In Part 1 of this report we asked where all the high paying jobs will come from that can sustain the forgotten American blue collar working family. Reviewing the broad employment sectors of the US economy, we saw little hope for improving the lot of most blue collar workers. That has negative implications for the US economy and the stock market over the longer run.
In this report, we drill down into industry subsectors to see who the biggest losers and biggest winners might be, and whether any of these smaller employment groupings offer any hope for the future. I will demonstrate to you that they do not, and that you should plan your investments accordingly.
I mentioned in Part 1 that there’s no contest for what is the best business for wages and growth. It is doctors’ offices. Oil and Gas drilling workers make more money and have had slightly faster income growth than medical office workers since 2009 but very few people work in the oil and gas drilling industry compared to the numbers working in medical offices. Even with 25% total growth in oil and gas production since 2009, that has only resulted in an added 5,000 workers a year. Furthermore, real wage growth in the oil business has stalled since the top in oil prices in 2014, and total employment in that business had been crashing since early 2015. Oil and gas drilling gets the employment booby prize for the past 2 years, losing about 28,000 workers, a drop of 14%. Employment in this industry is anything but stable. It’s another example of good, high paying blue collar jobs going away.
So medical offices get the grand prize. This means not just the doctors, but the office staff, including nurses, medical secretaries, medical assistants, and receptionists. Employment in the field is growing. Real wages are rising.
But there’s a problem. The ACA (Obamacare) expanded and protected the existing medical insurance system while extending coverage to sicker people who were excluded from the system before. Costs are skyrocketing as a result. President-elect Trump has promised to dismantle most of the ACA while keeping the provision that insurers can’t deny coverage because someone has preexisting medical conditions. So costs will only rise faster, making care even more unaffordable. Major cuts in the provision of care may be coming, resulting in a radical slowdown in the jobs growth in this sector. The golden goose of the medical services industry may be cooked.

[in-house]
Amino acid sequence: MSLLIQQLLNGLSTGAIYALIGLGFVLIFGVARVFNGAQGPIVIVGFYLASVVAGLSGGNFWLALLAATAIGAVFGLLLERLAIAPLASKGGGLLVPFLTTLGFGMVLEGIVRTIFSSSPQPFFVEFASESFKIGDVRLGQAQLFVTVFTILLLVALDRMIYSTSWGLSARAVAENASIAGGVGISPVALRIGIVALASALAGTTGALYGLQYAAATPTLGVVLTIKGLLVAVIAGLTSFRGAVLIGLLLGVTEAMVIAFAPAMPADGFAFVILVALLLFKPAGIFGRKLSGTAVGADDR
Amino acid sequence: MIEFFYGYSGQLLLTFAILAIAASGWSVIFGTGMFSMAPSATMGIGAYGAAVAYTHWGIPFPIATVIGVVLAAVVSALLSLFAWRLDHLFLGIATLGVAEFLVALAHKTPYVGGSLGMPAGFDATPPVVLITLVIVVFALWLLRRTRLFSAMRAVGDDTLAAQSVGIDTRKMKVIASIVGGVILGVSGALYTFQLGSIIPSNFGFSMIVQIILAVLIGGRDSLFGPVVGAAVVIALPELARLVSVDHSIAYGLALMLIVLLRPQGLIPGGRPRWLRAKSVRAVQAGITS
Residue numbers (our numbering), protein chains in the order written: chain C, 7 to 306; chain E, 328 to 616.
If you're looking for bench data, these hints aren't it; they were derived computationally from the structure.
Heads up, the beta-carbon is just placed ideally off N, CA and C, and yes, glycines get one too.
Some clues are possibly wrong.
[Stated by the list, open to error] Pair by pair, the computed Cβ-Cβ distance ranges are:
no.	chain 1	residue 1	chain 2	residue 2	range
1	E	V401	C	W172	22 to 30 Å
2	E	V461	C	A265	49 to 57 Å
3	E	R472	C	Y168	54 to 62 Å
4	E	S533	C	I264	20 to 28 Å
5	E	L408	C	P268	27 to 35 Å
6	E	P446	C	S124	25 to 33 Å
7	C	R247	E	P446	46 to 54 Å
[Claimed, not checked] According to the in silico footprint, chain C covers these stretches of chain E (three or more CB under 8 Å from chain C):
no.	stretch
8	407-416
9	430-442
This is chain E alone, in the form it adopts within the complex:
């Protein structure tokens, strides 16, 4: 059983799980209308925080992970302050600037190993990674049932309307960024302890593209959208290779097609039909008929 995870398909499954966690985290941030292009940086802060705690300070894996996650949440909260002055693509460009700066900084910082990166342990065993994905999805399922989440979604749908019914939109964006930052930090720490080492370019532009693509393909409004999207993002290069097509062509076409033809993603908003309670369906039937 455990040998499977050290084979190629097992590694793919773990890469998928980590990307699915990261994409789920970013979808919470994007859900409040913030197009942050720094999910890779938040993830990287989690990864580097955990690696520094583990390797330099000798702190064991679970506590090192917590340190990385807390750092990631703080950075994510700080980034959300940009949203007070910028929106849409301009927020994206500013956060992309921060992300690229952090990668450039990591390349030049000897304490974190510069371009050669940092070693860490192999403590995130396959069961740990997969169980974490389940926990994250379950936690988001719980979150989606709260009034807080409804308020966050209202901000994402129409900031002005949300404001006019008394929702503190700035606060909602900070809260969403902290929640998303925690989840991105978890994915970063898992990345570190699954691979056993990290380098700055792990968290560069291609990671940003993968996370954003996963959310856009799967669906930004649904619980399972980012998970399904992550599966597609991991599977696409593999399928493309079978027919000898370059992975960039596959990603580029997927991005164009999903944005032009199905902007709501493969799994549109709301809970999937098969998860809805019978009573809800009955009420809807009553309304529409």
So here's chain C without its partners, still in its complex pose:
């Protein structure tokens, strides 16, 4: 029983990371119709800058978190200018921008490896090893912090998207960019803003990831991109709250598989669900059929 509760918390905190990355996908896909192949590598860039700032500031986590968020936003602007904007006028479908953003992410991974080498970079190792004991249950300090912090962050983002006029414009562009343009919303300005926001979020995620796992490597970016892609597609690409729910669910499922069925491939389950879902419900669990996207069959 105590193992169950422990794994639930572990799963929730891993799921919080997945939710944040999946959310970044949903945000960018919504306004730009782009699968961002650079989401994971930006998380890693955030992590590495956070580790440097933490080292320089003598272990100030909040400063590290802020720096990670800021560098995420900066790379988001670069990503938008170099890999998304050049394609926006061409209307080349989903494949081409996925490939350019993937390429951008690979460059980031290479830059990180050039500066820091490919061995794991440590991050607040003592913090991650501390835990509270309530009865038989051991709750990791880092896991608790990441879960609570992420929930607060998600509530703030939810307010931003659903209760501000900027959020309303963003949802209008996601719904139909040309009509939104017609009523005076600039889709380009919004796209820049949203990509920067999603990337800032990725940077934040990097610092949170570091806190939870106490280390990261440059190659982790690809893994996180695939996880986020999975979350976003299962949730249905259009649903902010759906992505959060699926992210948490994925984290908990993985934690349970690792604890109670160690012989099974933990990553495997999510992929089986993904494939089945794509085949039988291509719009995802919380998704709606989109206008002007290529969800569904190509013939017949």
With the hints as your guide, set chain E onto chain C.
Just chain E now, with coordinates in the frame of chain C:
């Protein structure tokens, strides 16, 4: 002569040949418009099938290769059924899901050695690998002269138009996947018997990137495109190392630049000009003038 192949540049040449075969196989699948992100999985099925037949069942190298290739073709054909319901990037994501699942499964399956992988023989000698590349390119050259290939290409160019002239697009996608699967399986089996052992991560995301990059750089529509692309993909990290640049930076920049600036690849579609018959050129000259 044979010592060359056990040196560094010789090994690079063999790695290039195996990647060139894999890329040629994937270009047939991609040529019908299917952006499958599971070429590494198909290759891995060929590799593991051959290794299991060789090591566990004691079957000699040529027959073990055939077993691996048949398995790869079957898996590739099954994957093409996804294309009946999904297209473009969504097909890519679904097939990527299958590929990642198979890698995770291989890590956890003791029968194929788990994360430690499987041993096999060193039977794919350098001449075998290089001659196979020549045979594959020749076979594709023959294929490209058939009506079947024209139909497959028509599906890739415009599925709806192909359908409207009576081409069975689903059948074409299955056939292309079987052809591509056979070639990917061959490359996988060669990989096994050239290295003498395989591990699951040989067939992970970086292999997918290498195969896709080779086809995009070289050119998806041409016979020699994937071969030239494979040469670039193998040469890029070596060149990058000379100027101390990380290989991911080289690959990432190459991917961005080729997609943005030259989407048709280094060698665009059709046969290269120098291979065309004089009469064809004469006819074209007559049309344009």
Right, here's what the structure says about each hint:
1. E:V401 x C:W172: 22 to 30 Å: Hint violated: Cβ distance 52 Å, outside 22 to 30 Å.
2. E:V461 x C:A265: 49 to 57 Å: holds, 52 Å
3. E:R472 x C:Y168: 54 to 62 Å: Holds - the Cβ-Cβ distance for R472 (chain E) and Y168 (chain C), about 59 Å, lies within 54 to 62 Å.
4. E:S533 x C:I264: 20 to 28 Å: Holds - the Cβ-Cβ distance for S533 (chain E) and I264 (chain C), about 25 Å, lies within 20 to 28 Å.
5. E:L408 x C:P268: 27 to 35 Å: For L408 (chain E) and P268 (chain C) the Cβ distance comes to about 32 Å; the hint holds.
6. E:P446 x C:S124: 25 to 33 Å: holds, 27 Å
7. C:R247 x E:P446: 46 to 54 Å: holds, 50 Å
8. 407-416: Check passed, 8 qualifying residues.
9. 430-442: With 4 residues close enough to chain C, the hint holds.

The table below summarizes the selected groups that seem to be the biggest employment subsector winners and biggest losers since 2009. It shows industry employment ranked by the total number of employees in each of the chosen groups. This makes it easy to see which sectors are big and growing, and which sectors are not so big, growing or not. The smaller sectors offer little prospect of enough growth to be material to the big picture.
The table also shows how much real earnings have grown in each group as well as the current weekly wage for each. Most of these subsectors have a current average pay that enables two earners to support a family, at well above the poverty level.
Real earnings growth is as adjusted for inflation. However, this adjustment uses the government’s CPI measure as the divisor. We have shown elsewhere that CPI understated actual cost of living increases by between 0.5% and 1.0% per year over the 2009-2016 period. To be realistic about real earnings, we should probably lop another 4.5% to 5% off the total reported growth rates for each group.
That would not change the relative rankings in terms of total income gains or losses. The strongest earnings gains would still be in oil and gas extraction and medical offices, followed by Investment Advice.
Oil and gas is currently a dead end. While wages are still high, employment is falling. Even when the sector is growing, it would only add a few thousand jobs a year. The magnitude of the jobs problem is in the millions. 5,000 jobs added per year doesn’t even amount to a rounding error in the bigger scheme of things.
Bank workers are doing well in terms of real increases in earnings. Real wages have risen by 13% since 2009 to the current weekly wage of $761, or just under $40,000 per year. Two income households in that business would do ok, but the problem here again is that bank employment is shrinking. There are no new jobs in banking.
The investment advisory business has been growing like a noxious weed, but there aren’t many opportunities for blue collar workers in that field. While real earnings have grown by more than 5% since 2009, that is probably actually no better than zero, using a “reality” based inflation gauge. Worse, investment advisory workers have seen their weekly earnings plunge since mid 2015. The crash in weekly earnings in the investment business raises questions about the sustainability of jobs growth in this sector. Wall Street seems to be preparing for a long overdue contraction.